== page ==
How to Write an Artist Statement

“Tell me about yourself” is one of the most dreaded interview questions, and if you’re an artist, “Tell me about your work” can be just as headache-inducing. Many artists spend countless hours agonizing over how to phrase statements for exhibitions, class assignments or applications. Whether you’re a student artist or a working artist, at some point you’re going to have to write about your work. There’s no avoiding it. Here are five tips for getting started with that dreaded artist statement:

1. Write in Your Own Voice

It’s easy to misunderstand how simple an artist statement really is: tell your audience how and why you make your art, in your own words. It’s as simple as that! Maybe you’ve read other artist’s statements and thought, Wow, this sounds pretentious and it’s difficult to understand, but that’s how an artist statement is supposed to be written, right? Wrong. If you can’t understand an artist’s statement, it isn’t very good. Artist statements should be written for a general audience.

Don’t feel pressured to use academic-sounding “artspeak" because you want to sound professional. You will sound more professional if you use clear language that a broad audience can easily understand. There’s no need to pepper your writing with buzzwords, obscure references and vocabulary that you yourself do not understand. Think about it: who will be attending your exhibition? An assortment of friends, family and strangers—people of different ages, other artists, and probably a bunch of people who have absolutely no background in art. You want to write something that is accessible to a wide variety of people.

What would you do if someone came up to you at an art show and asked, “How do create such great texture in your oil paintings?” or, “How did growing up in Idaho inform your video installations about potato farmers?” You would explain your artwork using simple, everyday language. That’s what you want your artist statement to do—your statement is simply a conversation with the viewer. As artists, we are sometimes tempted to say, I’ll let my art speak for itself, but sometimes viewers have questions that cannot be answered by simply looking at the artwork. The purpose of an artist statement is that it can speak for you if you’re not standing next to your art.

2. Think About Your Audience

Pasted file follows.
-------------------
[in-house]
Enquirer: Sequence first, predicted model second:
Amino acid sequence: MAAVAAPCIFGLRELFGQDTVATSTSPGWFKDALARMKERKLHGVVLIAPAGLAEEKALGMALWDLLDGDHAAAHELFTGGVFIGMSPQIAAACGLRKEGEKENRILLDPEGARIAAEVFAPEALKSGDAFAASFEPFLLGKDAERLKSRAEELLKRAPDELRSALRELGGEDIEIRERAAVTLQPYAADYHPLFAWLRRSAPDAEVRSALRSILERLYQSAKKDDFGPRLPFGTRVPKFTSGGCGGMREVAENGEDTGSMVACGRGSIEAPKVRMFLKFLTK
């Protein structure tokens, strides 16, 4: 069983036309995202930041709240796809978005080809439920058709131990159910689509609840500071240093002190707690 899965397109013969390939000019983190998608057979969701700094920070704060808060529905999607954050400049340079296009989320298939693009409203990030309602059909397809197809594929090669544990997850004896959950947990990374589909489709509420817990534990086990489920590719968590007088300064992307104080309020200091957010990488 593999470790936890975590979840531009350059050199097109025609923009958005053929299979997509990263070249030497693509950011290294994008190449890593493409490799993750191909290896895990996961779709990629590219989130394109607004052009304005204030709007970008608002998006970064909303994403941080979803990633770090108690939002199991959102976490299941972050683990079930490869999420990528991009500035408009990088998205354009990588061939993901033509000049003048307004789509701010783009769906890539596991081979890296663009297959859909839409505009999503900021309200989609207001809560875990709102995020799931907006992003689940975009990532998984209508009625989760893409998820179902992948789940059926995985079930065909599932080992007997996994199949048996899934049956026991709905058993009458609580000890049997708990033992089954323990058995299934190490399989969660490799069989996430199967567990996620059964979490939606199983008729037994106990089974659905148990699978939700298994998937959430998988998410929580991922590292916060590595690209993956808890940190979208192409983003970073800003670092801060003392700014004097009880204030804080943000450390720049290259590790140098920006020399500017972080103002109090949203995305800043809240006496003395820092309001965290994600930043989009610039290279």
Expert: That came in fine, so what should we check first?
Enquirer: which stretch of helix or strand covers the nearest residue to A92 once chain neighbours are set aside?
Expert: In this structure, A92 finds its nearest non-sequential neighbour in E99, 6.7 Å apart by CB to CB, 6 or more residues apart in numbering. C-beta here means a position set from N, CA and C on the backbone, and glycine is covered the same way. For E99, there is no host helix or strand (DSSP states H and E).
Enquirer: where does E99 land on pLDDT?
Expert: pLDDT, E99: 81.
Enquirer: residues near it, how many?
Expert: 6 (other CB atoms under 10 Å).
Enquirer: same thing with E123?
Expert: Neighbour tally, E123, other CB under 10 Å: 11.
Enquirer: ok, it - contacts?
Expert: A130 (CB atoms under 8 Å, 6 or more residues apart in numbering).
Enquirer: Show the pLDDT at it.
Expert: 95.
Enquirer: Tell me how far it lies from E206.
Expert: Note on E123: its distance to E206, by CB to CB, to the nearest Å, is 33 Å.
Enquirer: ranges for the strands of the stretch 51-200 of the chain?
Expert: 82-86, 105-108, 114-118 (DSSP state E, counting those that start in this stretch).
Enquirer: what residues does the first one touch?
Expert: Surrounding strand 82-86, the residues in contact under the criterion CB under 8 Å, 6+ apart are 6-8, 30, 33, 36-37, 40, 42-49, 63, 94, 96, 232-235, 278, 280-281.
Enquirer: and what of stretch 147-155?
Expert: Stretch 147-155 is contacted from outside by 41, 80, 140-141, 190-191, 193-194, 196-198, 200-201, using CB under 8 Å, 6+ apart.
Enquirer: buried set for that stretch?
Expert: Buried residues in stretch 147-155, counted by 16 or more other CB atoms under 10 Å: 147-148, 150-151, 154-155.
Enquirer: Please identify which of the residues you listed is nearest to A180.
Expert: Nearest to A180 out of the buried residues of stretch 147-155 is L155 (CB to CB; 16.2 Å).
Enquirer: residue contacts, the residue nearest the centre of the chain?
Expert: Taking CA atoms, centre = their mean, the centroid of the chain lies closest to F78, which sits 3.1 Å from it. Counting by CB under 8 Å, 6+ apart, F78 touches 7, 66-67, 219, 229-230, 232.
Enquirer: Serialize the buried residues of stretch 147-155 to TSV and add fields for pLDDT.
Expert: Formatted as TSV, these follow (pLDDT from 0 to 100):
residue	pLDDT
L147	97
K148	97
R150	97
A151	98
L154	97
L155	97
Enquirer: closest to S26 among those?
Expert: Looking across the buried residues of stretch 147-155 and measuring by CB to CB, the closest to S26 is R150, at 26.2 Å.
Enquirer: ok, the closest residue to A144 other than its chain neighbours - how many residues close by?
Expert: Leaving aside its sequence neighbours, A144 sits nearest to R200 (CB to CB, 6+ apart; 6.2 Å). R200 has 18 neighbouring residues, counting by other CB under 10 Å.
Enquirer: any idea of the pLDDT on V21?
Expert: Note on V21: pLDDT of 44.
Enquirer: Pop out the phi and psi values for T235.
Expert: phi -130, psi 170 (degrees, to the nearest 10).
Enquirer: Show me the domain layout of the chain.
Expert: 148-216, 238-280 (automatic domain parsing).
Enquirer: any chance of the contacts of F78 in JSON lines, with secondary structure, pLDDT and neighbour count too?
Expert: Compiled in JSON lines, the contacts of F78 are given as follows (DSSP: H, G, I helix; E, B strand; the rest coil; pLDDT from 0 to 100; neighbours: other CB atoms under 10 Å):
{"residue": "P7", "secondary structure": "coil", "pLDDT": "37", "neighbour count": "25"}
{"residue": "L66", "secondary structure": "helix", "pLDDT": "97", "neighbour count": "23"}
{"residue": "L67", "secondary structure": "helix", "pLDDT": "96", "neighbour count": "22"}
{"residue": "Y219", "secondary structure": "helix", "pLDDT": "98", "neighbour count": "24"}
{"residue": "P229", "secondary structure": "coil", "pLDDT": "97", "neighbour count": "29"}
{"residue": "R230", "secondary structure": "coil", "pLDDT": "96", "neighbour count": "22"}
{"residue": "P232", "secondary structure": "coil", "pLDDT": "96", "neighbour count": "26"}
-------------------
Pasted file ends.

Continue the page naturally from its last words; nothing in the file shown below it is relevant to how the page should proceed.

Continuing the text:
Keep in mind where your statement is going to appear and who is going to read it. Is it going to be posted on a gallery wall next to your work? Printed in an exhibition booklet? Uploaded to a website? Are you applying for a grant or a juried competition? Regardless of where your statement will appear, you want to keep it relatively short and explain your art in a way that is accessible to everyone in your audience. For example, if you work with encaustics, you might want to explain that it is a type of painting involving wax, because not everyone knows what encaustics are.

If you are an artist who creates whimsical watercolors and some of your work is scheduled to be displayed in the children’s section of the public library, you might want to write your statement so that it can be read by an elementary student. On the other hand, if you’re writing a statement for an MFA application, it might be a good idea to use some art theory terminology in an effective way.

An artist statement is not only about catering to an audience—it’s also an opportunity for you to gather your thoughts and reflect on the direction of your work. Writing about yourself and your work has the potential to help you develop and grow as an artist. You might find that putting your thoughts to paper will help you look at your own art in a new way. Now that you know how simple an artist statement really is, the next two steps will help you get started quickly and easily.

3. Start With a Bang, Be Confident, Be Detailed!

Try to avoid starting your statement with any of these phrases:

“My work is…”

“My work is inspired by…”

“In my work,”